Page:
PARIS -- Robert Merle, who won France's highest literary honor and wrote the novel that inspired Mike Nichols's movie "The Day of the Dolphin," died Saturday at his home near Paris. He was 95.
Mr. Merle's first novel, "Week-end a Zuydcoote," was set during the Allied forces' evacuation from Dunkirk during World War II. It won the 1949 Goncourt, the country's most prestigious literary award, and was later made into a movie. Another novel, "Un Animal doue de raison" ("The Day of the Dolphin"), inspired Nichols's 1973 film starring George C. Scott as a scientist who trains talking dolphins.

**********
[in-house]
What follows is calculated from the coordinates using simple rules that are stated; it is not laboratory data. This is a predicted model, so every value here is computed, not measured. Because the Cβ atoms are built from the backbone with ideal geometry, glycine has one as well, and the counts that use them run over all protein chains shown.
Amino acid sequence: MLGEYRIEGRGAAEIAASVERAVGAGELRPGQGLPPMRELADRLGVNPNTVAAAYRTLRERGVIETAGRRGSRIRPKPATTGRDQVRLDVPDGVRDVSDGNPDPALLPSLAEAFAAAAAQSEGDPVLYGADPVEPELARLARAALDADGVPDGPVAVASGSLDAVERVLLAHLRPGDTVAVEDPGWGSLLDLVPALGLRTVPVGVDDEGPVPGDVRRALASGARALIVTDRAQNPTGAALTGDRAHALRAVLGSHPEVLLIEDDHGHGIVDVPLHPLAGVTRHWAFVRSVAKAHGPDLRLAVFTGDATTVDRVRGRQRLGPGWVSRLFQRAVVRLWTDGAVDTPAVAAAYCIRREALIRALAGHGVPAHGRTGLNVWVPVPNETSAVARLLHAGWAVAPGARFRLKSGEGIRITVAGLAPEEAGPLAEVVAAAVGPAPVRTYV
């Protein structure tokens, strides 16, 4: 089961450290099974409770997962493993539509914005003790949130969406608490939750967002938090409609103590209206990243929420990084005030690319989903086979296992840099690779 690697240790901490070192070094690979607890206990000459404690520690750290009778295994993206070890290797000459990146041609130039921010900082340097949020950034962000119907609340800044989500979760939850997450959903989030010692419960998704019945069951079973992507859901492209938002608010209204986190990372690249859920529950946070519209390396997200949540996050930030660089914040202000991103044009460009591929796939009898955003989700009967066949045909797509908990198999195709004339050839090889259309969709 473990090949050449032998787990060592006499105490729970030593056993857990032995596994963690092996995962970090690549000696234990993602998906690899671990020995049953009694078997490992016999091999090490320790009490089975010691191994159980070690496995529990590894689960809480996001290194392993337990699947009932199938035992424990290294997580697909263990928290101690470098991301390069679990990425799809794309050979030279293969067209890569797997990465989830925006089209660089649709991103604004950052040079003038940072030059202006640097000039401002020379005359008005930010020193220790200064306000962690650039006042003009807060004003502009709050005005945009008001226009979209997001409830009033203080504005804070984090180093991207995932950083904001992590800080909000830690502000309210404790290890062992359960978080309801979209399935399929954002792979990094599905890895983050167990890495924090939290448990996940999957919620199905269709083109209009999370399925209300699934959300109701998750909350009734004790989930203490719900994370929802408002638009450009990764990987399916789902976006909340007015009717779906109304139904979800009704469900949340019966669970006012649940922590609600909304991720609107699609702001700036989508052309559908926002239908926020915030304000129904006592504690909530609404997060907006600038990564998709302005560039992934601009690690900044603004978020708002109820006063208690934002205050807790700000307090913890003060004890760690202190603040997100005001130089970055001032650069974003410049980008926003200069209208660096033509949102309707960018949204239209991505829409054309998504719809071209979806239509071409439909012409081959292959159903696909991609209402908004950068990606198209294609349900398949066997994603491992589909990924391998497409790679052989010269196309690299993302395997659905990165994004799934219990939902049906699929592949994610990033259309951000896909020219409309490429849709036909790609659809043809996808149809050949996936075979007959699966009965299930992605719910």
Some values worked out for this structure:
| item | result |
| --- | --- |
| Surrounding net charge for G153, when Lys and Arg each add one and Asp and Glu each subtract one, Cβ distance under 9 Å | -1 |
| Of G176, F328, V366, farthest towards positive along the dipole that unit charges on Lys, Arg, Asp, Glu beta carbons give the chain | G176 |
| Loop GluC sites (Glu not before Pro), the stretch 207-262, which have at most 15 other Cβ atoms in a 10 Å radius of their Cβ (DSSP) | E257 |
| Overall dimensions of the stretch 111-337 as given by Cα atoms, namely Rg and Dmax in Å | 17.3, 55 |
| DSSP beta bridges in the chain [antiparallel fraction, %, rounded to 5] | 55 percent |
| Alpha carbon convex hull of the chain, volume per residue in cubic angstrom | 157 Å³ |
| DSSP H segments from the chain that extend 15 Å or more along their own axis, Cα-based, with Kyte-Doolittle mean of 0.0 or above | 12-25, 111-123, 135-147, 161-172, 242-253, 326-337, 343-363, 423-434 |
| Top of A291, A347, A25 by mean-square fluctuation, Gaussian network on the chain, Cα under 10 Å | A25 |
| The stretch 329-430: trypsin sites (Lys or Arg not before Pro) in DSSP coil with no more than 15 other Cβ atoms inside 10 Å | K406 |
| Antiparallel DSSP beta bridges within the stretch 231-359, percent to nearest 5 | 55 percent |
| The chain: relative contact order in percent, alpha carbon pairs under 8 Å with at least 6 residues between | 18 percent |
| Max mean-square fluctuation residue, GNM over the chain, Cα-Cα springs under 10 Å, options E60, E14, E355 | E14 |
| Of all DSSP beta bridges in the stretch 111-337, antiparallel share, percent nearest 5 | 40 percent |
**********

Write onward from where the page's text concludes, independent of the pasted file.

Other novels included the apocalyptic tale "Malevil," and the science fiction work "Les hommes proteges" ("The Virility Factor: A Novel"). Mr. Merle spent his final years working on "Fortune de France" ("France's Fortune"), a 13-volume series about a family in the 16th and 17th centuries.
Mr. Merle also taught at several French universities.